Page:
May 3, 2016 / 4:56 PM / 2 years ago

Yelp surges on Einhorn stake but some on social media are skeptical

NEW YORK (Reuters) - Shares of Yelp Inc shot to a three-month high on Tuesday morning after hedge fund manager David Einhorn unveiled a new stake, but seesawing social media sentiment among active traders signaled skepticism about the business review site’s longer-term prospects and Einhorn’s prowess as a stock picker.

An employee works in the Yelp Inc. offices in Chicago, Illinois, March 5, 2015.REUTERS/Jim Young

In active mid-day trading, Yelp shares were up 3.3 percent at $22.25.

Einhorn, the head of Greenlight Capital, said his firm made new investments in Yelp, according to the fund’s first-quarter letter to investors, which was seen by Reuters.

Einhorn said Yelp “suffered due to missed expectations” and said that it could double its revenue by 2019.

The move up in Yelp shares also brightened social media sentiment around the stock, according to the Thomson Reuters Eikon Social Media Monitor, which analyzes Twitter traffic on stock symbols to derive a positive or negative sentiment score.

At late morning, sentiment was roughly 26 percent net positive, according to the monitor, reversing pervasive negative traffic in the immediate aftermath of the news of Einhorn’s stake late Monday.

“I like the Greenlight thesis on $YELP,” tweeted Tsachy Mishal (@CapitalObserver), portfolio manager at TAM Capital Management. “Hard for me to own companies not making money though.”

But other social media users remained skeptical of the move.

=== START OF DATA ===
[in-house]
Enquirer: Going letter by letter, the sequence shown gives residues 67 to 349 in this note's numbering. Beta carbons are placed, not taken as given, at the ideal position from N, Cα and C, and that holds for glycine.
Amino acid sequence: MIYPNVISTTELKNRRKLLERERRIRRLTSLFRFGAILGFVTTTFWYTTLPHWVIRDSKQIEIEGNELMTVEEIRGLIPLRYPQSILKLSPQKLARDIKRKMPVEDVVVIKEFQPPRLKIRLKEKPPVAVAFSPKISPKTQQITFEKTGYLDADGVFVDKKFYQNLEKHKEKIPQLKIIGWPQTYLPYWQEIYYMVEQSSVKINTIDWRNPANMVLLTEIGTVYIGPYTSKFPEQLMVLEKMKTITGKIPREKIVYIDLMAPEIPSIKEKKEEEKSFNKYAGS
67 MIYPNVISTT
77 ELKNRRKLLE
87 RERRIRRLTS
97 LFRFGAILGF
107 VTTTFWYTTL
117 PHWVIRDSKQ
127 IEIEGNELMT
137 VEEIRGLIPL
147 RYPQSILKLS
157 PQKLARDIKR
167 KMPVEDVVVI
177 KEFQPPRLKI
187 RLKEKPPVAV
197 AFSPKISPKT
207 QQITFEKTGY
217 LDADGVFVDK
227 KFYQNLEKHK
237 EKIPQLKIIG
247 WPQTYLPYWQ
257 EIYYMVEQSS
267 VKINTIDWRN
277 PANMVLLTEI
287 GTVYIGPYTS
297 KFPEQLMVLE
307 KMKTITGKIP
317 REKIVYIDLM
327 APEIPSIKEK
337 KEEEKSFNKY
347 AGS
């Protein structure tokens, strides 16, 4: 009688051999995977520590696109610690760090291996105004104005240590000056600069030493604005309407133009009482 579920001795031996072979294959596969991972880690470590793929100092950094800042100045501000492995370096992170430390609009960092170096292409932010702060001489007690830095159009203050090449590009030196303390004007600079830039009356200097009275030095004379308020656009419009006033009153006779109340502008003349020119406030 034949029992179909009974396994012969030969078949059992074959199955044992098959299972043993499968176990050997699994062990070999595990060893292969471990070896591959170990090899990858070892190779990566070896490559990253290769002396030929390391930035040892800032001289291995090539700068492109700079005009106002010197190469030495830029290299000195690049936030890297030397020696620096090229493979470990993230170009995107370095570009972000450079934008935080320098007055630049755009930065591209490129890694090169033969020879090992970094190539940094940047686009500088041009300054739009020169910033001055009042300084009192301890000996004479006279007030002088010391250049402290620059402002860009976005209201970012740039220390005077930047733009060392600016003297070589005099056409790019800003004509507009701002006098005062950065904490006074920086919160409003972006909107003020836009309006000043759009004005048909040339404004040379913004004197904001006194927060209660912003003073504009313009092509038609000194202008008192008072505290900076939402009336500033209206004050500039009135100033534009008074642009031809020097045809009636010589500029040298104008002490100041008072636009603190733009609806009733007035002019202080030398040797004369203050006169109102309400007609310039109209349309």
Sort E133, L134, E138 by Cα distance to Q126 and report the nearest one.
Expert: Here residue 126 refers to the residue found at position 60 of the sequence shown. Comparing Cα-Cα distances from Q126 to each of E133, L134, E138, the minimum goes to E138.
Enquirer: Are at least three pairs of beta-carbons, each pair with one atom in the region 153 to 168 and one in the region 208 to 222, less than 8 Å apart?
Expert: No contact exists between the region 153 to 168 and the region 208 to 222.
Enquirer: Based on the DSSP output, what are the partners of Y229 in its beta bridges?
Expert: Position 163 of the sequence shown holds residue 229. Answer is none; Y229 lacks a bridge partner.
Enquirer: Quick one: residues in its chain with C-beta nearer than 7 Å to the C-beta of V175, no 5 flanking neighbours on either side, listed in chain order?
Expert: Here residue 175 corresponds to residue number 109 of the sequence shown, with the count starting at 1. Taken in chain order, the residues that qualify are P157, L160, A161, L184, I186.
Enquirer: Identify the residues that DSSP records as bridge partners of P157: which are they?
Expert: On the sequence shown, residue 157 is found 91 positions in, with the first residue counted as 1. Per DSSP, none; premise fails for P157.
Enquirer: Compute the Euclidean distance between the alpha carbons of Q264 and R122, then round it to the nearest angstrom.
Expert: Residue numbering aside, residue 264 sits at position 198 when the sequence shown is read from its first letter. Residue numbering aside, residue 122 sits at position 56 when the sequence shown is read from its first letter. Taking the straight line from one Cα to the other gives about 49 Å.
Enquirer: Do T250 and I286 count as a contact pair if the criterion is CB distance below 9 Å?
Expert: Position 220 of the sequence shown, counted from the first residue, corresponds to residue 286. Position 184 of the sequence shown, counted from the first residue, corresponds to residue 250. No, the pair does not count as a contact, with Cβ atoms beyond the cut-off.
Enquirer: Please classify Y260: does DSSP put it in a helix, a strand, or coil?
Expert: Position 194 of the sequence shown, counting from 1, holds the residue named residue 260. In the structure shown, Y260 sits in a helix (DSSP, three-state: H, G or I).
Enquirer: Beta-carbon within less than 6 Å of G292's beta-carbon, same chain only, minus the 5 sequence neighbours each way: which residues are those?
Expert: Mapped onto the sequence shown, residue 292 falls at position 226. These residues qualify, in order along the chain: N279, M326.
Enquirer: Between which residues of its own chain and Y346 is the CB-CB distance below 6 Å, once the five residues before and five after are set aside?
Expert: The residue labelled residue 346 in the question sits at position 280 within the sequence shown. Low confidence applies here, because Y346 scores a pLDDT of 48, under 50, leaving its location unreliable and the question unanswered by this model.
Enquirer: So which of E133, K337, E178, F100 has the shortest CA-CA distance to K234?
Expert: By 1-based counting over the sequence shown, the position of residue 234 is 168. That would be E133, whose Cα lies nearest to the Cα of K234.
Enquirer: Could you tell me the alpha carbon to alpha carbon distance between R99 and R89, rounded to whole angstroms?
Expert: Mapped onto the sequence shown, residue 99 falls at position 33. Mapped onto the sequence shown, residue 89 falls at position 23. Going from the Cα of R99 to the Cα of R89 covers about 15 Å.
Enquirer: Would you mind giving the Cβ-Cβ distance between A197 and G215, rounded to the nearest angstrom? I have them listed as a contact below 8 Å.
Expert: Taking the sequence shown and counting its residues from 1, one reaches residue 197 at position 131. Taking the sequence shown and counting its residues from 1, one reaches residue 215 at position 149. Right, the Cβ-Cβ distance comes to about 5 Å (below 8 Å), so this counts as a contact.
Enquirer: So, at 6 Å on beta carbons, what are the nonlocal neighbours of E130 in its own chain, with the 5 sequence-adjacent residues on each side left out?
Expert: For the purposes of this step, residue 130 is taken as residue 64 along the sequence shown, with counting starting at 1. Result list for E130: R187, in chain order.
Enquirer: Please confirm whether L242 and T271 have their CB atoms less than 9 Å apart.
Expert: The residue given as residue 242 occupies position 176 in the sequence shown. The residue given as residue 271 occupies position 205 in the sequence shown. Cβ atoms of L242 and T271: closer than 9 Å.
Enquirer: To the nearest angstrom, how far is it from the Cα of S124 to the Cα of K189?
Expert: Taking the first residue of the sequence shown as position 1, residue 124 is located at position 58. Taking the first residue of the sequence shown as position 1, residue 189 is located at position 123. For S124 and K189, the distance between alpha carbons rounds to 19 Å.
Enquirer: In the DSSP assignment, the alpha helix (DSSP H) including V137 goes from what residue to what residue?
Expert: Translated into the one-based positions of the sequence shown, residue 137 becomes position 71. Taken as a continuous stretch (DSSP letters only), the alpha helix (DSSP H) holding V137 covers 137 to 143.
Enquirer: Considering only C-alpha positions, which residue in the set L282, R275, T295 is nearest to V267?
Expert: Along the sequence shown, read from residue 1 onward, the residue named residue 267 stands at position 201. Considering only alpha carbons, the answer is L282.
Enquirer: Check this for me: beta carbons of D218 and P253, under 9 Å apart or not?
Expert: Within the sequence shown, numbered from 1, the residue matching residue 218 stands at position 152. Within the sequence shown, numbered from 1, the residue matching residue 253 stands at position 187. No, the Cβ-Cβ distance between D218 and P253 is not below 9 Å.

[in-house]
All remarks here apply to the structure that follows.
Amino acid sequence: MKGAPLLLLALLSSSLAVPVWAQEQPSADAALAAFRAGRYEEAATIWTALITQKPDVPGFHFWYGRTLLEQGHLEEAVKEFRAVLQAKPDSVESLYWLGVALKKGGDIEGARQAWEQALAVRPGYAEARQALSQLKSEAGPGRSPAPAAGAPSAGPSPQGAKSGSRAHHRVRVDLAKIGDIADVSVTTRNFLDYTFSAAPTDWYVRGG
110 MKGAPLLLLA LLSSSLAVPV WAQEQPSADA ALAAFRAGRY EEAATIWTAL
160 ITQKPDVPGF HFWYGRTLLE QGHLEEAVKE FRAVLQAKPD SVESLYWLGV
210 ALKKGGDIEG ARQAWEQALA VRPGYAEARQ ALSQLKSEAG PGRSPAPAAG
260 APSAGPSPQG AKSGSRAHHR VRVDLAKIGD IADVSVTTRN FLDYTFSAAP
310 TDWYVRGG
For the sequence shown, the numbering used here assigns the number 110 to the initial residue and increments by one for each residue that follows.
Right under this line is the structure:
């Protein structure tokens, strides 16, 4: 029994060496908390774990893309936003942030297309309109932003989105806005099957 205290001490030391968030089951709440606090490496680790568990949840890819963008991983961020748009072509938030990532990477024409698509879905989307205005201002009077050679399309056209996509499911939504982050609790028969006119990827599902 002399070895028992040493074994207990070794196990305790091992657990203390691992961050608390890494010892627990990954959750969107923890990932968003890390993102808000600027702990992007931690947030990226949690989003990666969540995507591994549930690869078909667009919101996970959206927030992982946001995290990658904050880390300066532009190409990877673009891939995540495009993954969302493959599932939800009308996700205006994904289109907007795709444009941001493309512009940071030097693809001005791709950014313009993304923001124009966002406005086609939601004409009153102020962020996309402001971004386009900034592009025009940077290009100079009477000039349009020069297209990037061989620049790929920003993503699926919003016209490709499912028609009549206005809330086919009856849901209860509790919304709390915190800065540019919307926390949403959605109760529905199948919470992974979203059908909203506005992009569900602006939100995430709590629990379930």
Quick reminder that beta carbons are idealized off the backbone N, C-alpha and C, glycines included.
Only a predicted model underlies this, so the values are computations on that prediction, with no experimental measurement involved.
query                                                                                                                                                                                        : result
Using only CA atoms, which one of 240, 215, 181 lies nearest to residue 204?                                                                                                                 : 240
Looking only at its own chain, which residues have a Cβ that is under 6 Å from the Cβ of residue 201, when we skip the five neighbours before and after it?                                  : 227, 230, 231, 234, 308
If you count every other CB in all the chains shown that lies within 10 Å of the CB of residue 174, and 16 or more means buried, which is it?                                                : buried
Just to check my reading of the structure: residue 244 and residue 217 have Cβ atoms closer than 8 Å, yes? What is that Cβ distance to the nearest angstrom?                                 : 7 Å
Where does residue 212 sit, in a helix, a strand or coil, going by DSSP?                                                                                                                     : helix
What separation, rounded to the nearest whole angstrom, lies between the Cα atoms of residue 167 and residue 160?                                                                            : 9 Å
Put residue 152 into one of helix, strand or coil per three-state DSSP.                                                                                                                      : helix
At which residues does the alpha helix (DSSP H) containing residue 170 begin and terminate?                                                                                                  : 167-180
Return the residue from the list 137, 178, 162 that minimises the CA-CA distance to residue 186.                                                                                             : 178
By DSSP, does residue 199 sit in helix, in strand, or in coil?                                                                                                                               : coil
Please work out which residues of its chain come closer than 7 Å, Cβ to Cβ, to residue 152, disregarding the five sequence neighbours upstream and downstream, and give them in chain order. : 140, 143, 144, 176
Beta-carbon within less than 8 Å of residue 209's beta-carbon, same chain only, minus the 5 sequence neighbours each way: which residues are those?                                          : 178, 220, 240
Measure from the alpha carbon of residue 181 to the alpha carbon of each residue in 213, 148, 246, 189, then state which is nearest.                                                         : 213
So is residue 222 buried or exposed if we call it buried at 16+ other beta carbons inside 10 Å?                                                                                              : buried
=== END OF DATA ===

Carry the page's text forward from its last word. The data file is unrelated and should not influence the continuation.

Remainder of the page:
“Einhorn sees ‘potential of a bidding war for $YELP if it decides to sell,'” tweeted Yahoo Finance writer Daniel Roberts(@readDanwrite) Tuesday. “Oh, but it won‘t. It should, but won‘t.”

The Einhorn news also pumped up options market action in the stock, with investors appearing to exhibit a preference for bearish trades, according to Trade Alert data. Activity in options that would benefit owners should the stock fall was particularly heavy.

Einhorn is widely followed in the secretive hedge fund industry and his letters are often seen to give hints of successful new investment trends. But he has also drawn scorn for some high-profile flops, most recently his big stake in solar energy company SunEdison Inc., which filed for bankruptcy last month.

Greenlight’s portfolio has gained 3.1 percent in the first four months of 2016, beating many hedge fund rivals and the broader stock market. It marks a turnaround from last year’s 20 percent loss, Einhorn’s first down year since 2008.

Reporting By Amy Tennery; Additional reporting by Svea Herbst-Bayliss; Editing by Dan bUrns and Steve Orlofsky

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